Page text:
President Luis Guillermo Solís has invited leaders of the various political parties in the legislature to breakfast today to push a lengthy agenda of bills.
Among them are bills establishing a value-added tax in lieu of the current sales tax, one reinstituting a tax on corporations and a third that would increase income taxes for higher earners and corporations.
Also in the mix is a bill to fight tax fraud. A letter to legislative leaders by Sergio Iván Alfaro Salsa, the minister of the Presidencia, cited disclosures from the Panama papers as a reason for the meeting.
The agenda also includes a lengthy list of bills relating to pensions and two that relate to the interchange of tax information with other countries.
April 30 is the end of the period in which the executive branch controls the legislative agenda. May 1 will see another election of legislative leadership. After that lawmakers can present their own bills.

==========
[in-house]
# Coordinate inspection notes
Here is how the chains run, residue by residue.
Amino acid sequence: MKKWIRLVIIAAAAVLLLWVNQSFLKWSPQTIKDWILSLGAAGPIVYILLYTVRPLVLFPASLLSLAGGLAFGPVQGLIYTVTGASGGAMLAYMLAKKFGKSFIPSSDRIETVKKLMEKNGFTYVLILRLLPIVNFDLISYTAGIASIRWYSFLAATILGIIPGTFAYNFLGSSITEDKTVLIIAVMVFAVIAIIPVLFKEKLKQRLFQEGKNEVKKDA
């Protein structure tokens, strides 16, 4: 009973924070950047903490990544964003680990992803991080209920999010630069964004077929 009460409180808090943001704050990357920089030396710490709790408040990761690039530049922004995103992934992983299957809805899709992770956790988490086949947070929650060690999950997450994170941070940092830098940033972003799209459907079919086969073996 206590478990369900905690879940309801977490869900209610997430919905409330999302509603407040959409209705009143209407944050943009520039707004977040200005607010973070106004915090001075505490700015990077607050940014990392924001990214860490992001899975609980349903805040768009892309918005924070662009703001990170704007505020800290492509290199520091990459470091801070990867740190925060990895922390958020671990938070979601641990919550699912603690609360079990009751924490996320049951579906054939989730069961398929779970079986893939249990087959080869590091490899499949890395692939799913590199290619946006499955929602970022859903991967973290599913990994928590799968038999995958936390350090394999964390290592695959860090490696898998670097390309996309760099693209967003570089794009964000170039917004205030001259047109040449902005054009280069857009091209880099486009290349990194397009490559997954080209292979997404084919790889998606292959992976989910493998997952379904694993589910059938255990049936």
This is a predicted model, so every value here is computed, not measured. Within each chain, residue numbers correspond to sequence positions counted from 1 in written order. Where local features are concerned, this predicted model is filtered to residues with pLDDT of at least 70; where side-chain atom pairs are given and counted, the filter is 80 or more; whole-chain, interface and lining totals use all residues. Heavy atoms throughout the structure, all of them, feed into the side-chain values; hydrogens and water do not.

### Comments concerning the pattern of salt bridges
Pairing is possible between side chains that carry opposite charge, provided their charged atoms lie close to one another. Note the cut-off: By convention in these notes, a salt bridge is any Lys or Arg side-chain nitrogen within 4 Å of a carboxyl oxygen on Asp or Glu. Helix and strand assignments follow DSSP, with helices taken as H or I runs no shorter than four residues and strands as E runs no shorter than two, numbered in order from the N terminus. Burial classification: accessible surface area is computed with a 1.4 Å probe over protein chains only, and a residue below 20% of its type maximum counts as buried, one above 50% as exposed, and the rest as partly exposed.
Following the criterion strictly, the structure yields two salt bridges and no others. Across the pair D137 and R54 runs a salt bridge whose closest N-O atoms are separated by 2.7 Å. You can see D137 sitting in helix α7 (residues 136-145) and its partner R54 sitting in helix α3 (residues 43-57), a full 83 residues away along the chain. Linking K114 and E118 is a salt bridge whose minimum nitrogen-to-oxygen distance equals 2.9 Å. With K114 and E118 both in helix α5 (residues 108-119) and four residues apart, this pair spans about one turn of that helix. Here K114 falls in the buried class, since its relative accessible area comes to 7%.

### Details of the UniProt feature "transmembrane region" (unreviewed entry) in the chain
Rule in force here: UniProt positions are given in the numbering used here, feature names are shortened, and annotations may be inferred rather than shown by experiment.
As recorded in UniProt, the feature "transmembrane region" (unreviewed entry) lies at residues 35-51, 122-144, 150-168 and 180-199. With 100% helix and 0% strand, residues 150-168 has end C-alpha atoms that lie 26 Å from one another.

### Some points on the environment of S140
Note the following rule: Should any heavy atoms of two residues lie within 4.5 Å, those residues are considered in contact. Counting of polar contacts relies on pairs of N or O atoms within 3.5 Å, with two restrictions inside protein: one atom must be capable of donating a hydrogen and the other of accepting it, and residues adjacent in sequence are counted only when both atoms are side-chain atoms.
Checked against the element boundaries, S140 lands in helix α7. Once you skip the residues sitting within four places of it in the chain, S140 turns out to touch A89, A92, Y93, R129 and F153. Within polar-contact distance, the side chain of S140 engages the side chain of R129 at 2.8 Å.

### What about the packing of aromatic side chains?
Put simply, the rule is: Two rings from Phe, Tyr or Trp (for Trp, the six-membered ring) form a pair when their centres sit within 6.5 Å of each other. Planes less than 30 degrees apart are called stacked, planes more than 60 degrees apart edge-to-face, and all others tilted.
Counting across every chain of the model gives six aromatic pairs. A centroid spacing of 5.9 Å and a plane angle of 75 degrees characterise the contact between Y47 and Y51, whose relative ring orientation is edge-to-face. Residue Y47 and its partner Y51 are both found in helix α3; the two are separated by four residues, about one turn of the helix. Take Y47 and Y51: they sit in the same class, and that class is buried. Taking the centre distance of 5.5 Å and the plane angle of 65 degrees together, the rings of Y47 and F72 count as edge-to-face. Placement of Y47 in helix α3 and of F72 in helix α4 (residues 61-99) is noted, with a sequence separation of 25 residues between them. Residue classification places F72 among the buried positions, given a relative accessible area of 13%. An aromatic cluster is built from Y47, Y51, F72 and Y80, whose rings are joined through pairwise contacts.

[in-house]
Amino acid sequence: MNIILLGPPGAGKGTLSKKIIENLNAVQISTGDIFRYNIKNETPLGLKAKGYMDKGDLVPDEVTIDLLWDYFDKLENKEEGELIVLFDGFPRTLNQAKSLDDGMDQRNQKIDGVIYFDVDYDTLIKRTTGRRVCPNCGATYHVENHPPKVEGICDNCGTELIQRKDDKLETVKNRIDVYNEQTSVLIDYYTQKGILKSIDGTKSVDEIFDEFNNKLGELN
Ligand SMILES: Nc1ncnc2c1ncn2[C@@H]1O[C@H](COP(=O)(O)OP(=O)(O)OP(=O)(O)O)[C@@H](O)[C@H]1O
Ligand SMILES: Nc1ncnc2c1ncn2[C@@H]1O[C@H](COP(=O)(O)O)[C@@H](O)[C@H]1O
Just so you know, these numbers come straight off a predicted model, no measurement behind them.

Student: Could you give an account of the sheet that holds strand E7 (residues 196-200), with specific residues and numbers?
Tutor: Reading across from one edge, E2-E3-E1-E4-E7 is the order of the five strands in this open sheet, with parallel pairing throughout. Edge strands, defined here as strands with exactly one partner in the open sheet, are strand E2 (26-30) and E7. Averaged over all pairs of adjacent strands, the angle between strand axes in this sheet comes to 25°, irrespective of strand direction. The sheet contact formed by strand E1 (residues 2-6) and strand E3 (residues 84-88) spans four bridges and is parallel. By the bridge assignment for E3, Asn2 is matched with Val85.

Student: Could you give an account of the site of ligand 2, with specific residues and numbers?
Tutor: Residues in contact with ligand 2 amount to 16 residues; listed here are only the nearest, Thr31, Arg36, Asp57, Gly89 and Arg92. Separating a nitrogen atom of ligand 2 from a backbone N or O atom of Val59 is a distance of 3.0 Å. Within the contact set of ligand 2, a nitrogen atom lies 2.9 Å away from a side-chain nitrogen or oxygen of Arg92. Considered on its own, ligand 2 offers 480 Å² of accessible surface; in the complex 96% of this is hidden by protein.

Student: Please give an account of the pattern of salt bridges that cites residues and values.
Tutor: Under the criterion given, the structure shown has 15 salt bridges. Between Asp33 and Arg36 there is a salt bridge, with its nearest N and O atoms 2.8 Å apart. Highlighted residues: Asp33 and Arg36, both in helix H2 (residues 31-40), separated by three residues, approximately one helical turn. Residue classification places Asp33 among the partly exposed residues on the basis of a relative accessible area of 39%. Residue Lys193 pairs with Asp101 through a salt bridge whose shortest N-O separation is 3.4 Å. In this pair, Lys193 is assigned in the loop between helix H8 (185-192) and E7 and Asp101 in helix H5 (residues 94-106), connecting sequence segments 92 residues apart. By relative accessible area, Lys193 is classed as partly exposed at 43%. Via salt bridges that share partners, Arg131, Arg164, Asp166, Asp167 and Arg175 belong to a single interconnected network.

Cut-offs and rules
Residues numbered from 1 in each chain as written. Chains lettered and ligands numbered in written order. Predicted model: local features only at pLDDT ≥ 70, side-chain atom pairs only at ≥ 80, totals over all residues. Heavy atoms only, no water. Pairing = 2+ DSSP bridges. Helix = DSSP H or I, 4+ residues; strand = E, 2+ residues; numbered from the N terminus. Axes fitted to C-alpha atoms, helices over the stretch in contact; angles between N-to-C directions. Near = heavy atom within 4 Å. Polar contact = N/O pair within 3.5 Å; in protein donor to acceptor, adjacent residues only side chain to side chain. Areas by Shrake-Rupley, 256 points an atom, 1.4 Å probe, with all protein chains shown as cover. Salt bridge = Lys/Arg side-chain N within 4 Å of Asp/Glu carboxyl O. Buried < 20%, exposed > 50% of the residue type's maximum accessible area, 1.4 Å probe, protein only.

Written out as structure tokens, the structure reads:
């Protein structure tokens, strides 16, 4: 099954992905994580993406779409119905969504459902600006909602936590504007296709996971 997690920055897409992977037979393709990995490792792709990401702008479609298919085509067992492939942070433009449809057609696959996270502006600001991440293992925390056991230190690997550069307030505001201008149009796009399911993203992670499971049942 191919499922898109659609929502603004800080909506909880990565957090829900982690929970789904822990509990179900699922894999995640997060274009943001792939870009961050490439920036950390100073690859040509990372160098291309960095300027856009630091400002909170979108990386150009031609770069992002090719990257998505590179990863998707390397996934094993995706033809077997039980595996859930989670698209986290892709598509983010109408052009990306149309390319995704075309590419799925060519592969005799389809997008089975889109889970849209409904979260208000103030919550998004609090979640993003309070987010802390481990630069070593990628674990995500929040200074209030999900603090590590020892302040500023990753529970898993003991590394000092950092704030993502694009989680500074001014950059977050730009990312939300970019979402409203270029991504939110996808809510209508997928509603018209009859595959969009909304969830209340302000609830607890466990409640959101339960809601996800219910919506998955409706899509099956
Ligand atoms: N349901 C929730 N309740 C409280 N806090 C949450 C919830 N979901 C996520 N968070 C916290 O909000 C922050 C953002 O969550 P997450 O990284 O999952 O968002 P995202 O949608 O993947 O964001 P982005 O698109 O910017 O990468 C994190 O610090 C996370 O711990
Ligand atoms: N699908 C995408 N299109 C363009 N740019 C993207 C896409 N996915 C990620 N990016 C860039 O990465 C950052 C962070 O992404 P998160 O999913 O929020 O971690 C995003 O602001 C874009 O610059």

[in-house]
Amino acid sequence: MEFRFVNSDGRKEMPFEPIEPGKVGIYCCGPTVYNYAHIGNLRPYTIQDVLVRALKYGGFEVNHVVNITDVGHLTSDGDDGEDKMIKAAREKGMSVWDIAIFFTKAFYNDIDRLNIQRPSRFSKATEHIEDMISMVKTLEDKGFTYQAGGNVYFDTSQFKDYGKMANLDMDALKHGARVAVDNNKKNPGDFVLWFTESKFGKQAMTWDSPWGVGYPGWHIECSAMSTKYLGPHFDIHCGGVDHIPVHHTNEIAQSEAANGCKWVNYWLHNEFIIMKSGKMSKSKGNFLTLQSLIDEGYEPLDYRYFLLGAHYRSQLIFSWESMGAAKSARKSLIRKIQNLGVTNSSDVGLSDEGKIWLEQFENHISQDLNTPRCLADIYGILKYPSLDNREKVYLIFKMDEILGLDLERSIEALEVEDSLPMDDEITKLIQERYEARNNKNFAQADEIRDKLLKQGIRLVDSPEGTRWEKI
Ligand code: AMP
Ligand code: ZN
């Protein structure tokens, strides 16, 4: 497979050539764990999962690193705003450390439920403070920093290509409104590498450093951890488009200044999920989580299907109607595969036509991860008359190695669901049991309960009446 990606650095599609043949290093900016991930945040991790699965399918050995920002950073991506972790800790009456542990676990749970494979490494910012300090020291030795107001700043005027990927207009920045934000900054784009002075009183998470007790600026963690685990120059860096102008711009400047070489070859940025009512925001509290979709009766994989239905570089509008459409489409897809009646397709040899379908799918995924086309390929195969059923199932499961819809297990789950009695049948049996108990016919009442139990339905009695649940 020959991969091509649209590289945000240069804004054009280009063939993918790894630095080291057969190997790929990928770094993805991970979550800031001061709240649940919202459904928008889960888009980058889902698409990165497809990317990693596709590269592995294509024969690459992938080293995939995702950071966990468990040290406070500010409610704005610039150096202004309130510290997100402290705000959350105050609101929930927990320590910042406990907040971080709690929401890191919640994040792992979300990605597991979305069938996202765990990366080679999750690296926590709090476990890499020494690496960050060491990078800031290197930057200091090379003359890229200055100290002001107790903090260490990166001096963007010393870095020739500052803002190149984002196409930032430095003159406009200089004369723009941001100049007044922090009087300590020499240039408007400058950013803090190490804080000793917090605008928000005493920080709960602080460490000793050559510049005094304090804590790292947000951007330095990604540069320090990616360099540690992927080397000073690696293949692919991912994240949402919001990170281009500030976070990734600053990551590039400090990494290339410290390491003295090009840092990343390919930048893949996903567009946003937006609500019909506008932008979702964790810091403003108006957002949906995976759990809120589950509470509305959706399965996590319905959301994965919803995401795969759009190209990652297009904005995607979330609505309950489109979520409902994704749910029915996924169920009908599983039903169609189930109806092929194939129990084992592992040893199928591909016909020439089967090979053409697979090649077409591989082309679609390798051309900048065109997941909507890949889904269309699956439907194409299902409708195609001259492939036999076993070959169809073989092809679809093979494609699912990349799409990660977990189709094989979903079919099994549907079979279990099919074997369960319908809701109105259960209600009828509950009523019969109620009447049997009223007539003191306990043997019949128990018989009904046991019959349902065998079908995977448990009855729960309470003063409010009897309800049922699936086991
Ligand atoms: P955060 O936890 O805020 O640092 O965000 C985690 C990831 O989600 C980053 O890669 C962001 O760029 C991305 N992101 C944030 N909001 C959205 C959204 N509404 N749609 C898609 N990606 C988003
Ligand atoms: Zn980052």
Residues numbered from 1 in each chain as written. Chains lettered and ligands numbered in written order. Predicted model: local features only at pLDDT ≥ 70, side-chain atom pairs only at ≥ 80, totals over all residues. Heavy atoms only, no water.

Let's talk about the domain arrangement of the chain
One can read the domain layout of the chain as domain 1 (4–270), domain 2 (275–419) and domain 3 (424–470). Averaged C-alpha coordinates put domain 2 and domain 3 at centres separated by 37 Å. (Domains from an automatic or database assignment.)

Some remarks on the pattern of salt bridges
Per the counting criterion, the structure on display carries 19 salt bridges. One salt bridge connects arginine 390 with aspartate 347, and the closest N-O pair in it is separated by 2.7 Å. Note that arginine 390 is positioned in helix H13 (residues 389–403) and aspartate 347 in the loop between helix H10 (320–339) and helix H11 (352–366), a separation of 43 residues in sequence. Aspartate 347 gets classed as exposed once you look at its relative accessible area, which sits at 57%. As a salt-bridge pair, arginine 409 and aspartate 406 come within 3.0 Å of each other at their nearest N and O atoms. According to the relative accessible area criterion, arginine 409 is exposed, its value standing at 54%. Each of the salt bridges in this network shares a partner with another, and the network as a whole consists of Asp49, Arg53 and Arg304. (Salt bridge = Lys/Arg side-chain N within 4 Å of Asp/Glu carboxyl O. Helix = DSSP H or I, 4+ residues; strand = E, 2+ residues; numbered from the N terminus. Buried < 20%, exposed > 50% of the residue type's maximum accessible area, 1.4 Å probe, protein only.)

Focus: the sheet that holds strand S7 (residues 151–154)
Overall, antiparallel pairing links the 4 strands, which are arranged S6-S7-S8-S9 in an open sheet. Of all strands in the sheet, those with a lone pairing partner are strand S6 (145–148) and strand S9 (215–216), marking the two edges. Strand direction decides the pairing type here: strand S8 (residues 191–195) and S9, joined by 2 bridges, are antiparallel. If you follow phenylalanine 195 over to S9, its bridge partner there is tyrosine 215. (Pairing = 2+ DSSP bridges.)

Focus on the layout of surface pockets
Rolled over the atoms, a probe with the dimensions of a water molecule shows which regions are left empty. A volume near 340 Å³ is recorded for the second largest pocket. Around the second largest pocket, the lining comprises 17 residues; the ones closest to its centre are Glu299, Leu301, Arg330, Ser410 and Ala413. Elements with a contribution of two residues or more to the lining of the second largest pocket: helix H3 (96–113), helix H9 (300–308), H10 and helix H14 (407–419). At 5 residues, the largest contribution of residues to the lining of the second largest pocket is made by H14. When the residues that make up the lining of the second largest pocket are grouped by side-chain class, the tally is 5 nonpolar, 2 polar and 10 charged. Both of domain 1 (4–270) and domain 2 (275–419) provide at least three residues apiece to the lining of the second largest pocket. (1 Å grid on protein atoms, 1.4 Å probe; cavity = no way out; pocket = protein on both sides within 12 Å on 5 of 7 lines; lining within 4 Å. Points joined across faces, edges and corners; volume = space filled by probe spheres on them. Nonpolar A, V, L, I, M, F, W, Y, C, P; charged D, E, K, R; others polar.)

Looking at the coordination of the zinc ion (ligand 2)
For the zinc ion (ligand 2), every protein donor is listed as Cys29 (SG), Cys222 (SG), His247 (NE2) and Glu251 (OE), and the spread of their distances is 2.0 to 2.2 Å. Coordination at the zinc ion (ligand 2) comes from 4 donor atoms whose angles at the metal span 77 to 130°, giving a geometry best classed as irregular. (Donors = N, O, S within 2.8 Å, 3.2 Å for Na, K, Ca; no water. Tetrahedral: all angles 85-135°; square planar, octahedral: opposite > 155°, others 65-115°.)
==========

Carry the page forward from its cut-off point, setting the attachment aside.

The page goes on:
The breakfast might not be ample enough to change any legislative minds.
The opposition Partido Liberación Nacional bluntly said Tuesday that its lawmakers would not vote for any new taxes unless there were substantial budget cuts by the executive branch. However, the political party did announce its willingness again to back a bill against tax fraud.
The statement came from Silvia Sánchez Venegas, the deputy leader of the party in the legislature.
Rolando González Ulloa, a spokesman for the Comisión de Asuntos Hacendarios, which is considering the tax bills, expressed unhappiness with threats by the president. On his television spot and at the April 11 holiday celebration in Alajuela Solís threatened to punish the country with taxes and drastic measures if the tax bills do not pass, said González.